In July 2019, we interviewed Assa Traré and Almamy Kanouté from the Comité pour Adama. Camille Champeaux, Project officer at the Centre de recherche et d’information pour le développement (CRID) said, “On the 19th of July 2016, the young Adama Traoré, aged 24, fearful of a police identity check, flees and ends up being brutally arrested in Beaumont-sur-Oise, a Parisian suburb. His arrest by prone restraint leads to his death, in the police station. The circumstances of his death have been largely commented and analysed in the French media for the past three years. Whether he fled for good reasons or not, he should not have died. The “struggle for Adama” began then. His family, with the lead of his sister, Assa Traoré, fights for the truth about his death to be recognised. “Justice and Truth” is what Assa is asking for. The Comité pour Adama settled with this aim has become very well-known in France. It has become the symbol of the struggle for all victims of police mistreatment without justice. It is a fight against violence from the police, against impunity for public officials, and, by extension, for the right to live and to be safe whether you are white, black or Arabic, whether you are rich or living in a poor neighbourhood. In July we interviewed Assa Traoré, who has since become the target of four lawsuits by gendarmes and police officers she publicly accused of being accomplices to the death of her brother and covering the truth, and activist Almamy Kanouté. Their struggle is not over.” This interview with Comité pour Adama belongs to the six stories of Resistance collected in Acitivizenship #4.

 

Can you tell us your brother’s story and the events of July 2016 in Beaumont-sur-Oise?

ASSA TRAORÉ: On July 19th, my brother’s day began at 10 a.m. when the local town hall called us to inform that his identity card was ready. This ID had a very important role that day. Unfortunately, Adama never had time to pick it up, and when he met the gendarmes who were checking the identity of his brother Bagui to arrest him around 5 p.m., Adama did not have his identity document.

Like all the young boys in the suburbs, like all black or foreign origin men when they do not carry their identity document, Adama immediately felt scared. He ran away from the police checkpoint, even though he was not the one they were looking for. This was 2016, but this experience is undoubtedly the inheritance of France’ slavery and colonisation times. As Elsa Dorlin wrote in one of her books, the first French passport was created for slaves. It was okay to beat a slave on the street if he was caught without an identity document.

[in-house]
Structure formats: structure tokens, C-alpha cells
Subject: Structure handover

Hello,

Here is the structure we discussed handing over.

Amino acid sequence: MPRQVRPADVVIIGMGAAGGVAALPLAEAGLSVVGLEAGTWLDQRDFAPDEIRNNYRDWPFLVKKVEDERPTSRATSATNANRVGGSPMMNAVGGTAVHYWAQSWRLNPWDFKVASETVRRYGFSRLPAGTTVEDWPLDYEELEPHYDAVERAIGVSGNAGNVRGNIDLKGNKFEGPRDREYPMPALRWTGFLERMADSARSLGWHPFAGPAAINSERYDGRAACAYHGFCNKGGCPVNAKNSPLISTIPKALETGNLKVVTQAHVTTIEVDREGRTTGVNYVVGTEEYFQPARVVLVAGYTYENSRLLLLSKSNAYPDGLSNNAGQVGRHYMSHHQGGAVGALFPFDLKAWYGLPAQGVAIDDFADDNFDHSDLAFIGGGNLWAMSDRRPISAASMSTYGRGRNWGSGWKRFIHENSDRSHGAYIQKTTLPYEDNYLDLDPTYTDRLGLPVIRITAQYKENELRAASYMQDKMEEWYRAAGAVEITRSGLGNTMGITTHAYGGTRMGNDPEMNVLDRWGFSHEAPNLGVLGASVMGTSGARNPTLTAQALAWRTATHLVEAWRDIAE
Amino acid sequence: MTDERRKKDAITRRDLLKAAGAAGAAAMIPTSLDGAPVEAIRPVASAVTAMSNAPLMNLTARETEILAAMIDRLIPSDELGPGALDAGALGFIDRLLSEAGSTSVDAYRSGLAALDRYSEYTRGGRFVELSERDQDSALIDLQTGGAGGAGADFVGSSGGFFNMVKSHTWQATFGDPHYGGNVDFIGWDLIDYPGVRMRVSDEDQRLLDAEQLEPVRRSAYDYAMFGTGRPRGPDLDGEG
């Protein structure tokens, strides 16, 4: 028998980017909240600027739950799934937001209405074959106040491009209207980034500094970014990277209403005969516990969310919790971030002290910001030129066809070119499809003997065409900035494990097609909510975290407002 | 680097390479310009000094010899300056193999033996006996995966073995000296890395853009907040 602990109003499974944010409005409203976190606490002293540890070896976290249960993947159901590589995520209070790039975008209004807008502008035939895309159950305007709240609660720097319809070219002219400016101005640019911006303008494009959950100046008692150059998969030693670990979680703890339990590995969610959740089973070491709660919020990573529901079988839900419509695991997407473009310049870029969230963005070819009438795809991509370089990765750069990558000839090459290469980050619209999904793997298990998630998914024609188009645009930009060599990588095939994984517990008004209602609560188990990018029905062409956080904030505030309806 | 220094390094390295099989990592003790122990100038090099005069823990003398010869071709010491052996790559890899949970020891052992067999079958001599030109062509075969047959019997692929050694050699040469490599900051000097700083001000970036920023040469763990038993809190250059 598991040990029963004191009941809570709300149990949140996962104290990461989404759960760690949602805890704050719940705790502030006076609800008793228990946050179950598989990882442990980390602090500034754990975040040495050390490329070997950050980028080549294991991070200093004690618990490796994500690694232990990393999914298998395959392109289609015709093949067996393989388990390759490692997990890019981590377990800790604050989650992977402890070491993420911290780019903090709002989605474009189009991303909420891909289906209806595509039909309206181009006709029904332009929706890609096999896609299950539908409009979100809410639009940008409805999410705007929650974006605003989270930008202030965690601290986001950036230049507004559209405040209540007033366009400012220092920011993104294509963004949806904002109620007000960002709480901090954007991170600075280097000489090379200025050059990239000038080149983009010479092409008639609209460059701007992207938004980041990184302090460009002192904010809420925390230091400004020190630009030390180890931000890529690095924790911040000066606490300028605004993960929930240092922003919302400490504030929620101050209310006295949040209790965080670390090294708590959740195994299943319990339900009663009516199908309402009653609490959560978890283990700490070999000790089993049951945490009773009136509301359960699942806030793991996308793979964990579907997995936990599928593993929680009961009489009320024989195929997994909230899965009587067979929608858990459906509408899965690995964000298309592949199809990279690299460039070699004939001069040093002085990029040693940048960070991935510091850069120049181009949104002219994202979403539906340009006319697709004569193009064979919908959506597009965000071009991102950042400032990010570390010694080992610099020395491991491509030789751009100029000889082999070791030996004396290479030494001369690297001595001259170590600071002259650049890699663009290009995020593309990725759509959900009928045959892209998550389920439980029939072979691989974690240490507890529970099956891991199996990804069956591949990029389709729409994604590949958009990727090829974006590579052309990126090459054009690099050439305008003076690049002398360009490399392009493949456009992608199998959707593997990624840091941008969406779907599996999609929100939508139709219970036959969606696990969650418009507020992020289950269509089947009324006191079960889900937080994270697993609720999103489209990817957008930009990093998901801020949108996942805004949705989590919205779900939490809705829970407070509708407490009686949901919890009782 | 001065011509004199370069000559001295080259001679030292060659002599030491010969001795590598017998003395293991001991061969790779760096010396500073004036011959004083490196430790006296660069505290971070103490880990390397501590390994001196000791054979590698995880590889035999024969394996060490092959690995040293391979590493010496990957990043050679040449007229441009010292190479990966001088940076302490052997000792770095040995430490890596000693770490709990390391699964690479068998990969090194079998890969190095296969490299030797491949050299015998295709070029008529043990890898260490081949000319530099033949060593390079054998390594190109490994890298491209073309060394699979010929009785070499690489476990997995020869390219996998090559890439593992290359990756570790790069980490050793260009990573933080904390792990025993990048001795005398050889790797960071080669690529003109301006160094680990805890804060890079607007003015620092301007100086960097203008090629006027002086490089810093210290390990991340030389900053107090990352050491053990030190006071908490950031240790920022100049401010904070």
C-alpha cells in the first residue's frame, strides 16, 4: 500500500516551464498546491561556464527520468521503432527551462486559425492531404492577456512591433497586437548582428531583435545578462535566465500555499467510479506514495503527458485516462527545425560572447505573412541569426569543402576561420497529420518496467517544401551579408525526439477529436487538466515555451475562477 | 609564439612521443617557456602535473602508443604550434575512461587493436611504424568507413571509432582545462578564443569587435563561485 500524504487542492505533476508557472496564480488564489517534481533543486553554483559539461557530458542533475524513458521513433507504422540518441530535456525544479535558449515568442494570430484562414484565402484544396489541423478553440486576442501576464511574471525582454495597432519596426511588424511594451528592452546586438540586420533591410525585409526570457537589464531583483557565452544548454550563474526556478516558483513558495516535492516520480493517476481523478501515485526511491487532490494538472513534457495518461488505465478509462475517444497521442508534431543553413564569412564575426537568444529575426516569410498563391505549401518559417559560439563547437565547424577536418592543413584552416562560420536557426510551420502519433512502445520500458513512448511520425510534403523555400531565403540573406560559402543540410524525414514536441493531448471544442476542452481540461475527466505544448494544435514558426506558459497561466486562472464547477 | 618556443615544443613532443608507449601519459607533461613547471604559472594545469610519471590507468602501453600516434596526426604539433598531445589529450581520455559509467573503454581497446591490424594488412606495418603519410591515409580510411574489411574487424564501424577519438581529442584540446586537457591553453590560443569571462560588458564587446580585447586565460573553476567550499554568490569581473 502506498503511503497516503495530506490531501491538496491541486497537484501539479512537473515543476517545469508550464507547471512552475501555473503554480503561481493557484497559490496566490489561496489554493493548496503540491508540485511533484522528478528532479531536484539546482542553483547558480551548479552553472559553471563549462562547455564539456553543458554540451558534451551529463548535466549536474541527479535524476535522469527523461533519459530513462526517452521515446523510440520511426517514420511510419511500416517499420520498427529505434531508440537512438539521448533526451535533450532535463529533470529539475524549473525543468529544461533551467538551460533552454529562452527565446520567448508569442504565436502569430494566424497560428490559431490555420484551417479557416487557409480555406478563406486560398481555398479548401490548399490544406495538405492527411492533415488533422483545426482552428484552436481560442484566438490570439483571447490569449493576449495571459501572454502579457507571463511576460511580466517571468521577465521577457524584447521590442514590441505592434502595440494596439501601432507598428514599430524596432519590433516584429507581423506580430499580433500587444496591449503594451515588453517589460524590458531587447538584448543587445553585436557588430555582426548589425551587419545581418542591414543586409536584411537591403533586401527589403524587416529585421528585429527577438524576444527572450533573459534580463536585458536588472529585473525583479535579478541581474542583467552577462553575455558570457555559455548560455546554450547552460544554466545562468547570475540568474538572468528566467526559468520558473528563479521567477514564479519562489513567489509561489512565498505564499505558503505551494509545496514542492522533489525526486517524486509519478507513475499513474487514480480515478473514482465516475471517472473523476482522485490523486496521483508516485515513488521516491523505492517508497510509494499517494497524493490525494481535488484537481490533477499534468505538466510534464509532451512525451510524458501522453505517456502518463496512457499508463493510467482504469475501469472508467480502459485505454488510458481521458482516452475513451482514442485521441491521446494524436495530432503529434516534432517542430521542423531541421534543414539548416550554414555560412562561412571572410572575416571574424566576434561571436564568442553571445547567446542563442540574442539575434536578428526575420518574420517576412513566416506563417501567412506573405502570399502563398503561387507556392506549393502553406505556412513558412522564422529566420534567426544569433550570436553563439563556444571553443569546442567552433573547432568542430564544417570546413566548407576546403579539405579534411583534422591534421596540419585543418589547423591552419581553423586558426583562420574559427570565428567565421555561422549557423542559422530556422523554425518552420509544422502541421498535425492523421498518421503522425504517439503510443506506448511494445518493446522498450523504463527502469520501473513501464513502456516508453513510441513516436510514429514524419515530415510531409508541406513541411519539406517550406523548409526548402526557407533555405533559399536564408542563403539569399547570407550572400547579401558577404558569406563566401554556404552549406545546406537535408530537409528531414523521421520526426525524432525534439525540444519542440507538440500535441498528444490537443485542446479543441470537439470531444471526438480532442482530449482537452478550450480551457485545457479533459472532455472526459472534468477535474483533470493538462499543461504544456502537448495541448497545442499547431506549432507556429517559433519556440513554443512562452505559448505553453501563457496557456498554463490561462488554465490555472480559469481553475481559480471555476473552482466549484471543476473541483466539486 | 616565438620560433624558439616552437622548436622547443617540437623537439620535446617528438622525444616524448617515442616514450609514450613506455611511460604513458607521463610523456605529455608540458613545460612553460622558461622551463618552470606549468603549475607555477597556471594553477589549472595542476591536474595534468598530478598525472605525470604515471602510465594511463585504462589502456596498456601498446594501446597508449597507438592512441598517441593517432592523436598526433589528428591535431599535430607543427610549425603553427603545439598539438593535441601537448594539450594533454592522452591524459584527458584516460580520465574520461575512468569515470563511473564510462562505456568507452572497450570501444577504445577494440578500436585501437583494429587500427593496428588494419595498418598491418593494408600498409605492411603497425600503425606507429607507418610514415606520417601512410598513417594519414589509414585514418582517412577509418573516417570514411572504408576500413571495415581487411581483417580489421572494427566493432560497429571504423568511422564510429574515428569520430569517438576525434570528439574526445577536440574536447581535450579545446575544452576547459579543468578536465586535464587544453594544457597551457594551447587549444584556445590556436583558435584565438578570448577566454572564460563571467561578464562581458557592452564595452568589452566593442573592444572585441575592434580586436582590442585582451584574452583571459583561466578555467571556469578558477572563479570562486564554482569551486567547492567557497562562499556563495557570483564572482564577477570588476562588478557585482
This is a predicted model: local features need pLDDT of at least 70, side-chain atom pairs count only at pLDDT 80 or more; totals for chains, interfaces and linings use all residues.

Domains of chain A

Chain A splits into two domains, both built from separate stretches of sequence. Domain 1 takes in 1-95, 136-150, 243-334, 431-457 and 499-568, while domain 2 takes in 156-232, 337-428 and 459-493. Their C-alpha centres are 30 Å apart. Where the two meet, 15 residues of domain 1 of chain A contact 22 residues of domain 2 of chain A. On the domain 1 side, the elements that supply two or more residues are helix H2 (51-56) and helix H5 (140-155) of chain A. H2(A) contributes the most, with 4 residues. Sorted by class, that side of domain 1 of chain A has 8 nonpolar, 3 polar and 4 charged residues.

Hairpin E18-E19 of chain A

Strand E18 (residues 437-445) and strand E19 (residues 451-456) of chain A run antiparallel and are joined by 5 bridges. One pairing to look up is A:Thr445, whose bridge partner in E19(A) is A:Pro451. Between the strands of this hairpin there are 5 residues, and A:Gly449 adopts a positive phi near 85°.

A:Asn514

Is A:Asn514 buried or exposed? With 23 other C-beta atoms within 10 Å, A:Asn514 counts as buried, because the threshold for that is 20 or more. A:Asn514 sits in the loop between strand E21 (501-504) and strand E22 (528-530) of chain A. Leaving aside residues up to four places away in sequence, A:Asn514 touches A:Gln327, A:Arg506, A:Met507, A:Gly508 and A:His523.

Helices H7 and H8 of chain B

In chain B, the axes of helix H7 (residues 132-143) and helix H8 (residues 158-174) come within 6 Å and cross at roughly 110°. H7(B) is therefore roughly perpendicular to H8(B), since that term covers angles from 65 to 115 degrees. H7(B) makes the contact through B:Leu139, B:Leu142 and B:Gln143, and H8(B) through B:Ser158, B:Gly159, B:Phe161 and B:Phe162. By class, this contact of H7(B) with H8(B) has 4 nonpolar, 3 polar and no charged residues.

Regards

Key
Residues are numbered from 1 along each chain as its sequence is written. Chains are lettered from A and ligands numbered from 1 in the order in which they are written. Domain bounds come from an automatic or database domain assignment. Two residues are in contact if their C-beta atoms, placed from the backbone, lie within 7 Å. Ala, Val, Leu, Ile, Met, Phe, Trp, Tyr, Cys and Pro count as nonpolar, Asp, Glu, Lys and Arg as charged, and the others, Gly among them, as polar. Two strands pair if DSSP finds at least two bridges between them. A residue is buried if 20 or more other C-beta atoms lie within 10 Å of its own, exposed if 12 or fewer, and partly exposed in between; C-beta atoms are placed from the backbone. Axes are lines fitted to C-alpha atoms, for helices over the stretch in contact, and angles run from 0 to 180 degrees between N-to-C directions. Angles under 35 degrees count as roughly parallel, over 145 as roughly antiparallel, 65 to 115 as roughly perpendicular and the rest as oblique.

In 2016, my brother was still killed because he did not have that shield in his pocket, he did not have that bulletproof vest, he did not have his ID. In France, today, young people of colour who do not have this shield, this identity document, can die as a result.

That day, my brother ran away. The police chased him. At first, he was knocked in front of the Town Hall. He ran again to hide in the apartment of a person he knew. There, the police subjected him to prone restraint: he was kept by police officers with his face to the floor with over 250 kg weight on top of him. This immobilisation technique is prohibited in several European states, but it is still used in France leading to the death of many black and Arab people arrested by the police. That day, Adama told them “I can’t breathe anymore”, but they continued to compress his rib cage. They put him in their vehicle. There again Adama told them “I can’t breathe anymore”; he urinated on himself. Yet, they did not take him to the hospital even though the hospital was only two minutes away. Instead, they took him to their barracks, the gendarmerie. They left him in the yard. They let him die.

Later, when the firemen arrived at the scene, he was handcuffed, his stomach against the ground. The police later said they had given him first aid and put him in the recovery position3. Though, thanks to our lawyer Yacine Bouzrou we found out that the first-aid doctors’ reports were missing. According to these reports, when the firemen arrived at the gendarmerie, Adama was not in the recovery position. He had not been given first aid. A fireman asked the police to remove the handcuffs, and the police answered: “No, he’s faking it!” The fireman insisted that “He is a 24-year-old young man; it is not possible to let him die”. My brother’s death was officially declared at 7:05 p.m.

The day went on. Someone came to see my brother, Samba: “Adama had a heart issue, go see if he is in the hospital”. My family went to the hospital, but Adama was not there. Samba called the fire brigade, who tipped him directly towards the gendarmerie. This was abnormal.

Around 9 p.m. Tata, Adama’s mother, went to the gendarmerie explaining that she had heard that her son had felt unwell and that she wanted to see him. The response was: “Your son is fine; you can’t see him, it’s late.” She asked whether it was necessary to call a lawyer. The gendarmes replied that “If Adama needs a lawyer, we will call a lawyer”. She said a sentence that makes sense today: “If anything bad happens to my son, I will sue you”.